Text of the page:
The Storyteller Reports: Is There Too Much Darkness In Today’s Fiction?

I am pressed for time, so I will speak swiftly. For those of you wondering about the FastPencil edition of The Quest, it’s still rebelling against me. It won’t publish. I’m working on it, but I’m also juggling college coursework.

In the meantime, I want to leave just a thought today. Have you ever gotten the feeling that a lot of modern fiction tends to be grim and violent? I was writing on Friday about why I put down Watchmen in favor of more optimistic literature. Now I’m wondering whether Watchmen and other dark tales have too much power in today’s storytelling landscape.

Look at movies like The Dark KnightThe Road, and A Prophet. They were all critically acclaimed and all full of deadly moral choices. Think about the works of Cormac McCarthy, or Stephen King, or even Brad Thor. Think about The Hunger Games. Think about Twilight, even. The Wall Street Journal uncovers a brutal trend in YA novels that turns my stomach.

We still have our Harry Potters and our Frodo Bagginses. I don’t hear such hopeful works discussed in the same tone. Films like The Help, and books likeHotel at the Corner of Bitter and Sweet, rake in plenty of cash, and people say they love them, but they don’t carry the same weight as The Godfather or a drug addict’s new book.

The message that I am being sent is this: successful, serious fiction needs to be dark. If you want to be successful and seriously considered in your literature, you have to focus on the dark side of humanity. Inspirational stories, or stories with pure good and evil, are lightweight and don’t merit as much esteem.

Am I right?

***

Hello! I don’t know if you heard, but this blog is moving to a new one. It’ll have all the same weekly features, and news about The Kingdom Trilogy. It will also acknowledge the other projects that I dip my toes in. Check it out here. I’ll post the weekly features on both sites for a while, but before long I’ll make the full transition to the new site.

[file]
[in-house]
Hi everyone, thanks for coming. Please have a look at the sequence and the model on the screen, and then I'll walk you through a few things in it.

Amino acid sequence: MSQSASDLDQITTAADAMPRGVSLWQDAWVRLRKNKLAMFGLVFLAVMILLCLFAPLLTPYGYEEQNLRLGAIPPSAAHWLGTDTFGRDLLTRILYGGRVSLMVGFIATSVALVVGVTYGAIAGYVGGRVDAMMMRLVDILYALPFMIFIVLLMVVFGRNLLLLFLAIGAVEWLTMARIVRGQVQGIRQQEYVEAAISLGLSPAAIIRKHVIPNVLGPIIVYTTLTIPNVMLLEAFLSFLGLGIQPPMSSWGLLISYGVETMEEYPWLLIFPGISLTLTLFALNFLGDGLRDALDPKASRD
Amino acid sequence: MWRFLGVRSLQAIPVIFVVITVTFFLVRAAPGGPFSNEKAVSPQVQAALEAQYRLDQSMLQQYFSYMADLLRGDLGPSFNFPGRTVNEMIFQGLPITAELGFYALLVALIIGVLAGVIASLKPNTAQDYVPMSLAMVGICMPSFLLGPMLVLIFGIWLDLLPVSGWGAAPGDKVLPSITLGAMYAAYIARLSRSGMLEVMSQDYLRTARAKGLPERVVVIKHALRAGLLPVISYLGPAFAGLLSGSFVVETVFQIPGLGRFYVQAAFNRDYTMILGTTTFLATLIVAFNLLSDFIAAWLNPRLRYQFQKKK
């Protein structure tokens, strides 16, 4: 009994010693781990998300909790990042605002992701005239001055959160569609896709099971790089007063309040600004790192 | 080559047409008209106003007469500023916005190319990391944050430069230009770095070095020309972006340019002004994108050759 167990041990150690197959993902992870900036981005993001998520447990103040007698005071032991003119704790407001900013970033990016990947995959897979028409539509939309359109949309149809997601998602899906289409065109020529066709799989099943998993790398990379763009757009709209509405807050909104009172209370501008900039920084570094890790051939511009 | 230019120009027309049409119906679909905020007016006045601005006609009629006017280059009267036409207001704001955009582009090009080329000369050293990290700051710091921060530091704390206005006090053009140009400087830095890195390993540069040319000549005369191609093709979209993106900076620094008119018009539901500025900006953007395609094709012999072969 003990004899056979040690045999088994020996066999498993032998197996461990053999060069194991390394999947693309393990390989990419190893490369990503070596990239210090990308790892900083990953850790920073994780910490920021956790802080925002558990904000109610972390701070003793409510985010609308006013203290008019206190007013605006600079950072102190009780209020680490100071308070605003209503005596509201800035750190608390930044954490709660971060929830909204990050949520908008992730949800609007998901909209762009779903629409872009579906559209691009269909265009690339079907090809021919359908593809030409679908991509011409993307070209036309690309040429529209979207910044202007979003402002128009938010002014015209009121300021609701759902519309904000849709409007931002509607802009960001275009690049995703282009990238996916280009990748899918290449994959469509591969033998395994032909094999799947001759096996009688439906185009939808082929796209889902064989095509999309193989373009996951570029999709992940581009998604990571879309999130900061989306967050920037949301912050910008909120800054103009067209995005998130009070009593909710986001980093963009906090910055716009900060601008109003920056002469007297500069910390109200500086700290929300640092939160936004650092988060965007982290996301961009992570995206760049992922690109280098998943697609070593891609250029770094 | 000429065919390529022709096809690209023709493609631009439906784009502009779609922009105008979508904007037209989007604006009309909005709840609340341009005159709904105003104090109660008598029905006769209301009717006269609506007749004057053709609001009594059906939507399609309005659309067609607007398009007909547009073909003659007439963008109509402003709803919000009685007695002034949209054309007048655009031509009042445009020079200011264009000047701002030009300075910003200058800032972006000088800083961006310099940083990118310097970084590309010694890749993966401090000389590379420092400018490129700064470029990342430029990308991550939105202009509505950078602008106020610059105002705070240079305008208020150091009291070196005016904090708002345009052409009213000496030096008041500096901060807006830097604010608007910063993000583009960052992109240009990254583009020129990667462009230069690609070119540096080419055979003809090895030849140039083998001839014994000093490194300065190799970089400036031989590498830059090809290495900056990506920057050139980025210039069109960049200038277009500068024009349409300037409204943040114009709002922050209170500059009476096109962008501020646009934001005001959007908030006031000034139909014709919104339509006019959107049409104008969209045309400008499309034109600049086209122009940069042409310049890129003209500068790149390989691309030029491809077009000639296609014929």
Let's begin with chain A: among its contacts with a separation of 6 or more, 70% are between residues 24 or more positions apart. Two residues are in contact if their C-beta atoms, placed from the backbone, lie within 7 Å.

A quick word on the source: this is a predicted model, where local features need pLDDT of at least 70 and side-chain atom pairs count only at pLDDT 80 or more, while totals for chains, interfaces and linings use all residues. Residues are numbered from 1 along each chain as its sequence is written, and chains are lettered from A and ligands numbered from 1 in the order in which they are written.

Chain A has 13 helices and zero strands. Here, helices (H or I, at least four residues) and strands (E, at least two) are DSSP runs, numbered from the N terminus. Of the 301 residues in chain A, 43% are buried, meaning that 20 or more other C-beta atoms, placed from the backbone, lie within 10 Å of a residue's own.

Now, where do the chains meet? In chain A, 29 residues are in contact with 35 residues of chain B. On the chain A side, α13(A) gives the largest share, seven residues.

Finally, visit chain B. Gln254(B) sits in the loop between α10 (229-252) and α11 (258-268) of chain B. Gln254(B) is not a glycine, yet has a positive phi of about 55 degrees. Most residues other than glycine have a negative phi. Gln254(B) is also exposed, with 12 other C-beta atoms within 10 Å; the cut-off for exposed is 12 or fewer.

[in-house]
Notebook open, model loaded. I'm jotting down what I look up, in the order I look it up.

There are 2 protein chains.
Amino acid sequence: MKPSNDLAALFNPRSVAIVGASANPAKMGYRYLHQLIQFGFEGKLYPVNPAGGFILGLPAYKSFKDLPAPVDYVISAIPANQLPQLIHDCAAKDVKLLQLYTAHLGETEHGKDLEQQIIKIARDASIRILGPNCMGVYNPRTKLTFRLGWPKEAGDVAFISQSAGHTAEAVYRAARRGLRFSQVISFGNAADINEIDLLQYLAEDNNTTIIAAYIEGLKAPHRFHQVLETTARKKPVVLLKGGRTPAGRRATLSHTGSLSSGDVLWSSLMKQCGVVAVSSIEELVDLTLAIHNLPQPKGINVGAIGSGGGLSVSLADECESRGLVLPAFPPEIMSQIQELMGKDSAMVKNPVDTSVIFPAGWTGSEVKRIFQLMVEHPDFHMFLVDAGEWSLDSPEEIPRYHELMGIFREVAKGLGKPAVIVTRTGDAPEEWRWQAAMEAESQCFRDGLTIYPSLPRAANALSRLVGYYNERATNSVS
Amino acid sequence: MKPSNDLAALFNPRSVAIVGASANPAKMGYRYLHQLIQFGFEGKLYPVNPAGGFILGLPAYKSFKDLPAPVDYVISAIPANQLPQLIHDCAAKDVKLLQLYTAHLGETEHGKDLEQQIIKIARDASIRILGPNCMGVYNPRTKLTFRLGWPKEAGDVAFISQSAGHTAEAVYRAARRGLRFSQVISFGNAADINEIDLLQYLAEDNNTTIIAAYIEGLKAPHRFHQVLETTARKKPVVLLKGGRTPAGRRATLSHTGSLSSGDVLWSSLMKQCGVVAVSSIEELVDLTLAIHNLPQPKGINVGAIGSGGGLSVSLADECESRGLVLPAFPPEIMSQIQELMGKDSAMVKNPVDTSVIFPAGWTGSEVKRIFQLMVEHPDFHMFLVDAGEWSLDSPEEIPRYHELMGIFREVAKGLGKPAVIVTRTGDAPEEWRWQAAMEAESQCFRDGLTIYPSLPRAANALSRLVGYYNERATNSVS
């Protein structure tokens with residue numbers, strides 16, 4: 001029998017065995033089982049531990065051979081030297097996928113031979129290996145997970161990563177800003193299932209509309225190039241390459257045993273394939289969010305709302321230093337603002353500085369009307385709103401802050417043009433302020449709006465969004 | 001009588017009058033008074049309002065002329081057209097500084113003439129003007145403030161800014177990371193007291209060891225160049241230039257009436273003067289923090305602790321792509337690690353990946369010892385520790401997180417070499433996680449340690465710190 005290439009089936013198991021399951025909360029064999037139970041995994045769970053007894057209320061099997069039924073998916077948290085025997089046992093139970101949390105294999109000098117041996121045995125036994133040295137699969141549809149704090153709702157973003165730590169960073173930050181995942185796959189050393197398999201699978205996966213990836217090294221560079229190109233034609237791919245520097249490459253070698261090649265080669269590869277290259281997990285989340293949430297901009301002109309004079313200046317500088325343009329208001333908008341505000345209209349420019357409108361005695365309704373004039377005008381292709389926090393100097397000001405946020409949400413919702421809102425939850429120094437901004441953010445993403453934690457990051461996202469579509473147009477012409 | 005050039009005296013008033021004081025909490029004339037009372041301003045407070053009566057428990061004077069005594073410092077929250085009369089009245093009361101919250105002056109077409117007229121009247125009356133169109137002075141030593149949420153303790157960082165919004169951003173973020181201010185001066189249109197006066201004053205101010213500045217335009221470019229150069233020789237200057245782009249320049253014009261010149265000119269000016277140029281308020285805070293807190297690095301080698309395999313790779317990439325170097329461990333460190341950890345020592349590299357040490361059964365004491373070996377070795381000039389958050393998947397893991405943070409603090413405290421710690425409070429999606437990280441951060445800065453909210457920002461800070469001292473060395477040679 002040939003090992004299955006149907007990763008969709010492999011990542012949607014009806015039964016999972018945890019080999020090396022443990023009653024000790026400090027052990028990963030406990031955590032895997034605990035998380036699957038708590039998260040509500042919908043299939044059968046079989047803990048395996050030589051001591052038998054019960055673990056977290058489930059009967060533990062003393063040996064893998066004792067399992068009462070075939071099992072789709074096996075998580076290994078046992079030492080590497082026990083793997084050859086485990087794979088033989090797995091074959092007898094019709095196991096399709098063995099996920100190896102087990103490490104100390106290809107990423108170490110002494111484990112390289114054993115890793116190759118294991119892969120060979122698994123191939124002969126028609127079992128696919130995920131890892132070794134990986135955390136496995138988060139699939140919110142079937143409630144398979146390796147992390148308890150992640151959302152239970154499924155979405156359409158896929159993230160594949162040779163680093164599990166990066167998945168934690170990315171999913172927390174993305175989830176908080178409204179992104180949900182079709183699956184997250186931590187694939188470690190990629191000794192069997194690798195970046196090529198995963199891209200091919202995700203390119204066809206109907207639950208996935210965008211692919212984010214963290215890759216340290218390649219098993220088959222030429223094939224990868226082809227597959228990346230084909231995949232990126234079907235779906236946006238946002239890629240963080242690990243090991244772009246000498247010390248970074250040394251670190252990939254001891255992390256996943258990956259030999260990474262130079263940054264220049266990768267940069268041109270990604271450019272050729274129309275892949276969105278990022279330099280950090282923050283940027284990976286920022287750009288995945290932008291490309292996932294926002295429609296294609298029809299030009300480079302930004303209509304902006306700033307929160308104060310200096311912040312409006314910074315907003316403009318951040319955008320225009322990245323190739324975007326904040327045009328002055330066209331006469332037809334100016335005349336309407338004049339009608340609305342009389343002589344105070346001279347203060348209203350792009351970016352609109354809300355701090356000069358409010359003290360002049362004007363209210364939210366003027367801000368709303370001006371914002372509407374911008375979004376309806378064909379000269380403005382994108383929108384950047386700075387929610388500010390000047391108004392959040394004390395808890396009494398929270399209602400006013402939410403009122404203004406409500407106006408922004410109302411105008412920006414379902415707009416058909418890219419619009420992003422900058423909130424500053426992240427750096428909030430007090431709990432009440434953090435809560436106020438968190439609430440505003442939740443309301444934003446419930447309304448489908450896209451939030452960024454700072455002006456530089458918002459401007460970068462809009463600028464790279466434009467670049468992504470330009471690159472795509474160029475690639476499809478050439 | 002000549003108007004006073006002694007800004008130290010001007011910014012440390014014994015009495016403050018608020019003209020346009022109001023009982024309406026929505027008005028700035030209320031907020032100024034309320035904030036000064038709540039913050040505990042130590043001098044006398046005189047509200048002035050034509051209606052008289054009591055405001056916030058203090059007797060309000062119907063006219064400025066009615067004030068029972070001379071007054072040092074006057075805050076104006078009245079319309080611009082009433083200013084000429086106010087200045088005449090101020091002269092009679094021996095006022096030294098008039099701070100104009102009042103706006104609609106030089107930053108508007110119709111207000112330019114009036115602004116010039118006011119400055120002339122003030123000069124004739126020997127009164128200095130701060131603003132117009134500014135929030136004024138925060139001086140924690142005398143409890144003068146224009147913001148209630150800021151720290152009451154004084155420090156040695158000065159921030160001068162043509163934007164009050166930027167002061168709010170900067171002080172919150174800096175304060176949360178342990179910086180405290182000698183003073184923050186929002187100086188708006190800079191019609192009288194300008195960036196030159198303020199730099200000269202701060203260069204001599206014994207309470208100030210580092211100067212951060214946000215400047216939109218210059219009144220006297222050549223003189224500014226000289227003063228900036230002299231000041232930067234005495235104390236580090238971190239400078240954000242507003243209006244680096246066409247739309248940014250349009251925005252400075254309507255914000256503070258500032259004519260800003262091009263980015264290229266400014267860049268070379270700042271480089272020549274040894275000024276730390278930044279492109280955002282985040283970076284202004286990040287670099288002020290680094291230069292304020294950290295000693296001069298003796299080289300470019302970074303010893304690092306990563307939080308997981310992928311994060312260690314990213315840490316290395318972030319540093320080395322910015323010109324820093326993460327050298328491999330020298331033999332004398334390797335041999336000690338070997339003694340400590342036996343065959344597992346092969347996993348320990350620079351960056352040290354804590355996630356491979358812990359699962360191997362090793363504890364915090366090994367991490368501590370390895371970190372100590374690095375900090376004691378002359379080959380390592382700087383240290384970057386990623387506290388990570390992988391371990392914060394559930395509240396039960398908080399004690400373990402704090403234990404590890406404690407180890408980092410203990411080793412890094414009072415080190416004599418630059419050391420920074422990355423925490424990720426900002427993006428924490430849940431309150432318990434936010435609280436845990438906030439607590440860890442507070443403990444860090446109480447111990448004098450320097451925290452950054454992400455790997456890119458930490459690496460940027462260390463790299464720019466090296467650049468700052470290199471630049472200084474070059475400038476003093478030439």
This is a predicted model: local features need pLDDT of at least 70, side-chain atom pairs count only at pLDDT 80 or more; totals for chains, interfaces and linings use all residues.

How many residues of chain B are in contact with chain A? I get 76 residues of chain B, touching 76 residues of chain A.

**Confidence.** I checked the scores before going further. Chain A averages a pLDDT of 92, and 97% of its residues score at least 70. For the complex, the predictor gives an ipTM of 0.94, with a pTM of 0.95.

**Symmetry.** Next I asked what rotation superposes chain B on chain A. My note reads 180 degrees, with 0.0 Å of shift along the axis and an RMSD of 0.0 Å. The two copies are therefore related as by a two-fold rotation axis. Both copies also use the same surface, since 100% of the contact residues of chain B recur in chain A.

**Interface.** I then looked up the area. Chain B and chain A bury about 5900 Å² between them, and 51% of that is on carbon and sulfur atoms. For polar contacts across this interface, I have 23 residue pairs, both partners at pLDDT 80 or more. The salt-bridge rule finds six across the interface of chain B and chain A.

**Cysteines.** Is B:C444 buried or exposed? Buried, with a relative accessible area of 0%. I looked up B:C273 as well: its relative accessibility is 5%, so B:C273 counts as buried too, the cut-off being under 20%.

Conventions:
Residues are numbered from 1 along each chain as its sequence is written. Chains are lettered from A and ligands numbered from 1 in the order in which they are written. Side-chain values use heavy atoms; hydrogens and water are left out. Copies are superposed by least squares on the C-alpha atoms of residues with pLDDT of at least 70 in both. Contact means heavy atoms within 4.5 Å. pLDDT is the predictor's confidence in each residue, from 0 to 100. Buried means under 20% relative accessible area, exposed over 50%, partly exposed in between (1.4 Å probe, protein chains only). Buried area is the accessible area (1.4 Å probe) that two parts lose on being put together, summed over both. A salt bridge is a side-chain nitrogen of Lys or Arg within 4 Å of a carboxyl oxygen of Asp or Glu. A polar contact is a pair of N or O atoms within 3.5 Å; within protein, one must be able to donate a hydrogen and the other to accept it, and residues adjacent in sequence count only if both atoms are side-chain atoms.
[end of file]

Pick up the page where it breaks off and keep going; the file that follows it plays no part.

Thanks for reading! Have a wonderful day!

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Twitter: A Novel In The Making

I used to think Twitter was stupid. Then I thought it was a hub for great links and one-liners. And then came a couple of conversations that blew me away.

Here’s the first one.

“Fireworks are beautiful. Bright, untamed, dangerous… I wish my soul looked like one of those things. #imnotjokingaround

stinginthetail Sheila NomNomDePlume

@TheKingdomBooks fireworks don’t last – souls are eternal”

Wow. When I read that tweet, I had to sit back in my chair for a minute. I had to do some thinking. It’s one of the most unexpected and profound things I’ve ever read in my life. Period.

Could you take some time to check out Sheila’s amazing blog?

Moving on, that same day a college friend went after one of my tweets in a thought-provoking exchange…

TheKingdomBooks Sean Matthew McGuire

“So I was thinking. What would it take to make you travel far away from your home, on a job that might kill you? #question #motivation #life

CrazyColinKelly Colin Kelly

@TheKingdomBooks Well, coercian for the good, reward for the apathetic, and miscief for the evil. #ThinkLikeAVillian

@CrazyColinKelly Couldn’t a good man choose, too? And would an apathetic man care about reward?”

@TheKingdomBooks if you want to give a good man a choice, then Duty. I’d rather not afford him that choice as he can change his mind.”

@CrazyColinKelly But is a good man truly good if he does not have a choice?”

@TheKingdomBooks you have a choice to not be good? What happens when you aren’t? Isnt being evil more of a choice? #thinkvillian

@CrazyColinKelly OF COURSE YOU HAVE A CHOICE!!! WHERE DO YOU THINK STORIES CAME FROM IN THE FIRST PLACE?!”

@CrazyColinKelly And evil is only more of a choice when the chooser does not understand good. Like when it’s hollow and tied to a culture.”

@TheKingdomBooks Dude, playing devils advocate here. But my point is that it’s really easy to be complacent, not Good. And usually (cont)”

@TheKingdomBooks (cont) when we hear about the ability to choose, its for the ability to choose evil. We could play puppets, but we (cont)”

@TheKingdomBooks (cont) have been given the ability of Free Will, Puppets naturally choose Good, Free will allows Evil choices #ThinkVillian

@TheKingdomBooks Let’s say someone knows and understands Good and Evil and procedes to do an evil act in free will Did they not choose evil?”

@CrazyColinKelly Yes. But they can choose good just as freely. It is therefore foolish to say evil is “more” of a choice.”

@CrazyColinKelly And Puppets cannot naturally choose good, because by their nature they cannot choose anything.”

It never hit me until then about the power of Twitter. It puts a funny feeling in my gut. We are part of a living novel, day in and day out. We’re having conversations like this. I’ve interacted with writers in Stockholm, London, and all over the U.S.A. After centuries of isolation, the nations of the world keep growing closer together.

Have you ever thought about the age you’re living in? How might someone write about your times, two centuries from now? Can you imagine the post you’re reading right now as part of some exciting new technology that pushes civilization forward?

If that’s not a story worth reading, I don’t know what is.